def authorize! if !contact.accessible_by? current_user fail PermissionError, contact end if assigned_to && !assigned_to.accessible_by?(current_user) fail PermissionError, assigned_to end end
run! method is flexible. Initially all
run! methods start out
with that signature. Things change when use cases are composed. In the
SendEmail scenario I described earlier, it needed to create
SendEmail use case needed to modify the contacts
before they were saved. Initially I thought about subclassing
CreateContact but then I remembered Avdi Grim talking about extending
functionality with blocks. That’s exactly what I did. I introduced
run! with an
optional block. This made things so powerful since the other use cases
could tie into logic at the right time. It’s up to the use case when it
yield, but my use cases usually
yield right before the
call happens. I yield the use case’s main object at a minimum.
Domain entities have their own life cycle and things that happen on them. A contact knows when it has been reassigned and a deal knows when it has been closed. The classes uses the observer pattern to send events. What happens when you need to do something with this information? Consider you need to create an activity feed: who did what to what and when. The entities are emitting events but they don’t know who did them–just that they happened. This is where the use case comes in. The use case is the only contextual object in the system. It can observe these events, combine them with context, and then act accordingly. Here’s an example:
class UpdateInvitation attr_reader :invitation_id, :form, :current_user def initialize(invitation_id, form, current_user) @invitation_id, @form, @current_user = invitaiton_id, form, current_user end def run! invitation = InvitationRepo.find invitation_id invitation.add_observer self # manipulate the invitation end private def invitation_confirmed(invitation, invitee) ActivityLog.invitation_confirmed invitation, invitee, current_user end end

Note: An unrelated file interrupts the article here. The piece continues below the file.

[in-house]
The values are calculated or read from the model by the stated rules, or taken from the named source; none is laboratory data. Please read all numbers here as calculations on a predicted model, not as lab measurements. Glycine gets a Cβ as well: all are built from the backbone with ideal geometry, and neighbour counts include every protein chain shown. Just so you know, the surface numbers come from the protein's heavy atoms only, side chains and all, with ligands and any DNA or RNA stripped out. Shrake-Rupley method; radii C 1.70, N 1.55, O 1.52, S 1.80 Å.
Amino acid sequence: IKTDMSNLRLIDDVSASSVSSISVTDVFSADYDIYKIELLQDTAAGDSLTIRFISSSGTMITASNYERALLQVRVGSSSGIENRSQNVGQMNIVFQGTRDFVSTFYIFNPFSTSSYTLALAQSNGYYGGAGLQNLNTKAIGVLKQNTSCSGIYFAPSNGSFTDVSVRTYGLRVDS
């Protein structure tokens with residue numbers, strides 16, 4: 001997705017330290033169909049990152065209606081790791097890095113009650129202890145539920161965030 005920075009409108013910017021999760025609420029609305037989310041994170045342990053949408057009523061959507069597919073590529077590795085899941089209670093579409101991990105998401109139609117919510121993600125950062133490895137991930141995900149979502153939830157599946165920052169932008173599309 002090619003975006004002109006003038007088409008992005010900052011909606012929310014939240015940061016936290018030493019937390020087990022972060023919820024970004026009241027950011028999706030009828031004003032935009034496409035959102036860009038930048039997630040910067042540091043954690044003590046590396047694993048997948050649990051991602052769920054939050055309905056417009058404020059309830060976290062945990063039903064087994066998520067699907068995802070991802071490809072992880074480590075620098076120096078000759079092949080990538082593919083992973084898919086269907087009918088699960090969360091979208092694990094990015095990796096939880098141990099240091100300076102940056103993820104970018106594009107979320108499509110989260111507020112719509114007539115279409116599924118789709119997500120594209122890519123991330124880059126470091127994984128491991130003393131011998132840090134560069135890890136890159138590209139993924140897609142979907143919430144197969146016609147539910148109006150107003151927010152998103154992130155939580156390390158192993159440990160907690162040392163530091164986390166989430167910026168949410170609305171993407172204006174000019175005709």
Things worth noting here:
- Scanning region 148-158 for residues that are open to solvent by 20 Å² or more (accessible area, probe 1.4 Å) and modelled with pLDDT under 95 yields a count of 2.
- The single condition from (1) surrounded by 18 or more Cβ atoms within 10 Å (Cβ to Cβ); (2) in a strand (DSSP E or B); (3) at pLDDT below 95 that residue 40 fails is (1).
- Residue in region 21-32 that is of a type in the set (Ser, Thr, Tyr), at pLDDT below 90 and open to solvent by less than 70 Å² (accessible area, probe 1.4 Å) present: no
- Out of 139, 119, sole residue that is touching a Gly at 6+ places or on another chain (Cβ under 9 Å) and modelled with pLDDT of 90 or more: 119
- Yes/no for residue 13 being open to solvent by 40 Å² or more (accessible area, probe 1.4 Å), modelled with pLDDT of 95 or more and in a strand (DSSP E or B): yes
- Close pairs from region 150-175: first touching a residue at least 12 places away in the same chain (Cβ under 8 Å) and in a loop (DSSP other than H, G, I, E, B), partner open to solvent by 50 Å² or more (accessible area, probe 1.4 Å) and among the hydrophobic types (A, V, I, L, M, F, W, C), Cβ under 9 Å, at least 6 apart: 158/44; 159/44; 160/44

Here’s my basic use case skeleton. It contains the bare minimum. Modify as you see fit.
class CreateContact attr_reader :form, :current_user def initialize(form, current_user) @form, @current_user = form, current_user end def run! validate! and authorize! contact = Contact.new # do stuff with the form and assign attributes yield contact if block_given? contact.save contact end private def validate! form.validate! # followed by any other context specific validation end def authorize! # permission logic end end
Real World Example
I leave you with an example from the photo sharing application I’m working on. This file exactly as it is in git.
What would the code be without the test?
That’s it for use cases. That covers all the quirks and patterns in
writing my use cases. The structure is the same, but boy I tell you,
run! method can get gnarly at times. Use cases have been a
positive force since I introduced them. I know they will be for you
The next chapter continues the dive down the rabbit hole. We started at the outermost layer with delivery mechanisms, followed by form objects, and now finally to use cases. The example code shows use cases interacting with many other classes. These are domain entities and the next chapter is all about them.